Mom to 3 angels

Loss #1: August 21, 2011 at 10.5 weeks
Loss #2: February 17, 2012 at 4.5 weeks
Loss #3: July 17, 2012 at 5 weeks


This month marks the one year anniversary of the worst day of my life, the day my husband and I became a statistic in a taboo tragedy. The events of the last year have been kept bottled up until now. I’m ready to share the secrets we have been burdened with following the losses of our first three children.

My husband and I were the fortunate ones who got pregnant our first month trying. We are private people, so we had planned to keep our news secret until we were safely out of the first trimester. At 9 weeks, we experienced our first ultrasound and were overjoyed with the sights and sounds of our little baby’s heartbeat. We shared our news with our parents and a few other close family members and friends, but decided to not go public for a few weeks still. One week later, we lost the baby. That event, which so significantly changed our lives, happened a year ago this month.

Getting pregnant again was not as simple as the first time. Hormones were wreaking havoc on my body. I was experiencing severe mood swings, including depression and anxiety, and was battling significant weight gain. It took us five months to get pregnant again. We were cautiously optimistic, but unfortunately lost this pregnancy early on, a loss diagnosed as a chemical pregnancy. We were devastated, and I wanted answers and wanted them immediately. I went through recurring loss tests prescribed by my OB/GYN and I also decided to start seeing a Reproductive Endocrinologist. All of the countless tests performed on both myself and my husband came back normal, we were diagnosed as having bad luck, and we were back to trying again. Four months later, we found out we were pregnant for a third time. I was able to get in with my doctors for monitoring the day after I got my first positive test, but unfortunately, it was too late, and a few days later we discovered that we had another chemical pregnancy. This was our third miscarriage in 11 months.

Miscarriage is death, yet there are no funerals, no sympathy cards, no bereavement time. Instead couples grieve in silence. You’ve just got to pick up the pieces, hold your head high, and go on with life as usual. In all three cases, I called in sick or worked from home for a day or two, then it was time for me to put on my brave face and act like nothing was wrong. Meanwhile, I have really struggled to understand why this is happening to us, and also have struggled with seeing other friends, acquaintances, and even strangers carry out uneventful pregnancies and have healthy babies.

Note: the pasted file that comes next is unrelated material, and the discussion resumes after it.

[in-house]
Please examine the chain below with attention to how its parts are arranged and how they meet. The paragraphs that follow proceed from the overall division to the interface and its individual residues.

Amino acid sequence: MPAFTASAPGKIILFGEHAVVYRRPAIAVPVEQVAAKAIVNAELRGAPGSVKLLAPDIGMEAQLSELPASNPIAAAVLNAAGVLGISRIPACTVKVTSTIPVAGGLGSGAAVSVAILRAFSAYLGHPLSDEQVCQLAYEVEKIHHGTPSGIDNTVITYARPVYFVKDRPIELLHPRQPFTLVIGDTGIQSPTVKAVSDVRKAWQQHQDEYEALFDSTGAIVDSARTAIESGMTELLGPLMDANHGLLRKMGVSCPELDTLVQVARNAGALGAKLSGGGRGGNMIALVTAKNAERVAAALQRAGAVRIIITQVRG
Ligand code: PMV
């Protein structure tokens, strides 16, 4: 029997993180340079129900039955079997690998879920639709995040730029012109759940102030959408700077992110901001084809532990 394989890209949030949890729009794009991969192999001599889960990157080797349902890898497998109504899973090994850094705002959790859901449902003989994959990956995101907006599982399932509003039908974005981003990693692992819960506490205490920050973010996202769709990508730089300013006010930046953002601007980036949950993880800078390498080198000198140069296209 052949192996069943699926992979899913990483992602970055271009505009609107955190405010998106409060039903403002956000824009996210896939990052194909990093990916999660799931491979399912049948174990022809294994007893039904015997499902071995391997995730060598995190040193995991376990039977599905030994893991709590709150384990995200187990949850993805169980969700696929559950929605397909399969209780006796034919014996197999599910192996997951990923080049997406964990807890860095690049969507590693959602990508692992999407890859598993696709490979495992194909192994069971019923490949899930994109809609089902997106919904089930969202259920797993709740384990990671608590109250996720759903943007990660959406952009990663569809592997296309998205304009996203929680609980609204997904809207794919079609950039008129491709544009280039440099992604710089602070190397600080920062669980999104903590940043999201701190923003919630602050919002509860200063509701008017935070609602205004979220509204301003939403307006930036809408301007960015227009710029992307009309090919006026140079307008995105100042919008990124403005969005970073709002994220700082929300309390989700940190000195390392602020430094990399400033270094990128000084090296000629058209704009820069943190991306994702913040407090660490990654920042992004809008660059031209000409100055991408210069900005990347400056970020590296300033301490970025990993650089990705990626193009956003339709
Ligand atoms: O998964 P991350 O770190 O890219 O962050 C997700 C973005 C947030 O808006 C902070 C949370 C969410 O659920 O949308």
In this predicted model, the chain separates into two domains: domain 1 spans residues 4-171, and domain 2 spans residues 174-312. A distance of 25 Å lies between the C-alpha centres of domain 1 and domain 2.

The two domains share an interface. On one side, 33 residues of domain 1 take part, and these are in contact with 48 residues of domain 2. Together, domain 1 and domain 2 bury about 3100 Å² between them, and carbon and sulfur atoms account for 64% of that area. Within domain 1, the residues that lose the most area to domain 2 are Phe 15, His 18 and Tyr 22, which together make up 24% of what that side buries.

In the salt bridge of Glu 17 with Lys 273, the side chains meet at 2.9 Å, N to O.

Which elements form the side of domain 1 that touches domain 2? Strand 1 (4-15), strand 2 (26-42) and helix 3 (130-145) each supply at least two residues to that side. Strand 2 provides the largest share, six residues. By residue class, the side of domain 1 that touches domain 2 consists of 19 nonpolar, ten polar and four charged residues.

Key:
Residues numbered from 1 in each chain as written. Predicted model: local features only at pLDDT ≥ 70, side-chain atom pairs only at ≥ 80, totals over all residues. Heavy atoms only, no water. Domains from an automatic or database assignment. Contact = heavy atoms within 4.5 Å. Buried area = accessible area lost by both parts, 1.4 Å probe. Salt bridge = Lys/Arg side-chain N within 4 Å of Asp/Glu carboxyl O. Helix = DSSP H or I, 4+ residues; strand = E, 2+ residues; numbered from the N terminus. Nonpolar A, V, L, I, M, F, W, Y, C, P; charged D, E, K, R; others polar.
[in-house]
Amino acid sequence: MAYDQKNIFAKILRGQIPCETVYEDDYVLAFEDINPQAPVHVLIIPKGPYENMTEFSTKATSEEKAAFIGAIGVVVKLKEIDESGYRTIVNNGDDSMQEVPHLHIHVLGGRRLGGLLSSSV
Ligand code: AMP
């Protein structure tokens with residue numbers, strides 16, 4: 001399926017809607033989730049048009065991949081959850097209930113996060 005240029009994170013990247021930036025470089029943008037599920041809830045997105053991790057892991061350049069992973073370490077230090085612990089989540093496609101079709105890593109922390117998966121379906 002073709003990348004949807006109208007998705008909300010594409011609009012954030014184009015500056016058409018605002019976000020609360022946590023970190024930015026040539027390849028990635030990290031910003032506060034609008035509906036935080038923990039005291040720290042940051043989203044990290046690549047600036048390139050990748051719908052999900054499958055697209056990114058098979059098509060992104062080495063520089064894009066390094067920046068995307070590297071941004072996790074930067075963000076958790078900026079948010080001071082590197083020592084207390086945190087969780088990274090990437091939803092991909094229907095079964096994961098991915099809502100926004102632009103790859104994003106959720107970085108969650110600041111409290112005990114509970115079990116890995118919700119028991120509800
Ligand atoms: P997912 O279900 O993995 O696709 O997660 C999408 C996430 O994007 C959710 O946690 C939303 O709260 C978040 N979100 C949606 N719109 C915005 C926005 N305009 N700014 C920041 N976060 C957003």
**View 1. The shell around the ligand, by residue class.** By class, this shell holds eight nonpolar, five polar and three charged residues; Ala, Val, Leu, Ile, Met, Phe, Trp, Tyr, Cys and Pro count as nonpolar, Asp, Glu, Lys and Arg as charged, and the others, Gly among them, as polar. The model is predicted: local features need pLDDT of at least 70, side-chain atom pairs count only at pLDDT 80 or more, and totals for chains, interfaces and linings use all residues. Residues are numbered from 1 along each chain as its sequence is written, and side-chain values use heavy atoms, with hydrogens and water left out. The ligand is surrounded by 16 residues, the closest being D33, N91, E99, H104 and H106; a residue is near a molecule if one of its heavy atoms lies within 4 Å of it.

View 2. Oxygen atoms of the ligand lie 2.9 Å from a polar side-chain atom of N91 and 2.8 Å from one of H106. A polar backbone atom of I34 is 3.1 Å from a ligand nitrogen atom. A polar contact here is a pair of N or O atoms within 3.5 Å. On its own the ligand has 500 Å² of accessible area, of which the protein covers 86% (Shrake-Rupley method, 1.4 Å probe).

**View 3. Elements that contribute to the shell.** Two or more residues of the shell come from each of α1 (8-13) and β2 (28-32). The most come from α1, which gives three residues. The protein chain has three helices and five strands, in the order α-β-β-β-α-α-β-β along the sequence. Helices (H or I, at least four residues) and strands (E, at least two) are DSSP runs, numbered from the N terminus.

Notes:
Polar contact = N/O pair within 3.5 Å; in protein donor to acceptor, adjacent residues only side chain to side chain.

I have come a long way in the past year, overcoming the lows of my life and learning to cope with three permanent scars on my heart. My husband has been my eternal rock, and I know that him seeing me as my real self, not as the brave face that everyone else sees, has been difficult for him. It hurts him to see me sad, so I am working very hard every day to overcome this.  I have also relied heavily on online pregnancy loss support groups over the last year to cope with the grief of loss and the frustration with trying to move forward. I have grown especially close with a small group of women that I have met online, who I consider my “soul sisters”. To quote the words blogged by one of these women (because she put it into words better than I ever could): “And then there are the women who I have never met in real life, yet have been such an integral part in my recovery, not to mention my hope for the future. We cheer each other on daily, sharing in each others’ heartache and joy. (Some) of them are in the early stages of pregnancy, and we all take every blood draw, every ultrasound to heart, knowing how much we want their struggles to be worth it somehow.”

We haven’t lost hope yet and are going to continue trying for our baby. There’s not much you can do with a diagnosis of bad luck other than hope for the best. For now, the doctors are taking a trial and error approach with some aggressive medical plans in order to get us our baby. We just take everything a day at a time, with some days being better than others, and we know that one way or another, we will become parents some day.

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  1. Katie, Thank you for sharing your story. I too have had 3 chemical miscarriages over 8 months. The fertility doctor says we are fertile, I should take baby aspirin, and hope for better luck next month. It is very, bery hard to work through the emotions. I will pray that you get your healthy baby soon.


  2. I have suffered two chemical pregnancies, my first was 14th January 2011 and the second 4th September 2012. I know the hurt it can cause, having to come to terms with the loss so shortly after you find out is heartbreaking. With my second I had bought the test but put it off, a few days later I miscarried. I find it hard not to blame myself but its a coping mechanism. My boyfriend is so supportive but he still doesn’t want to talk about it like your husband he has found it hard seeing me upset. I am new to support groups but feel as though I’m ready to find comfort and closure in the way I feel


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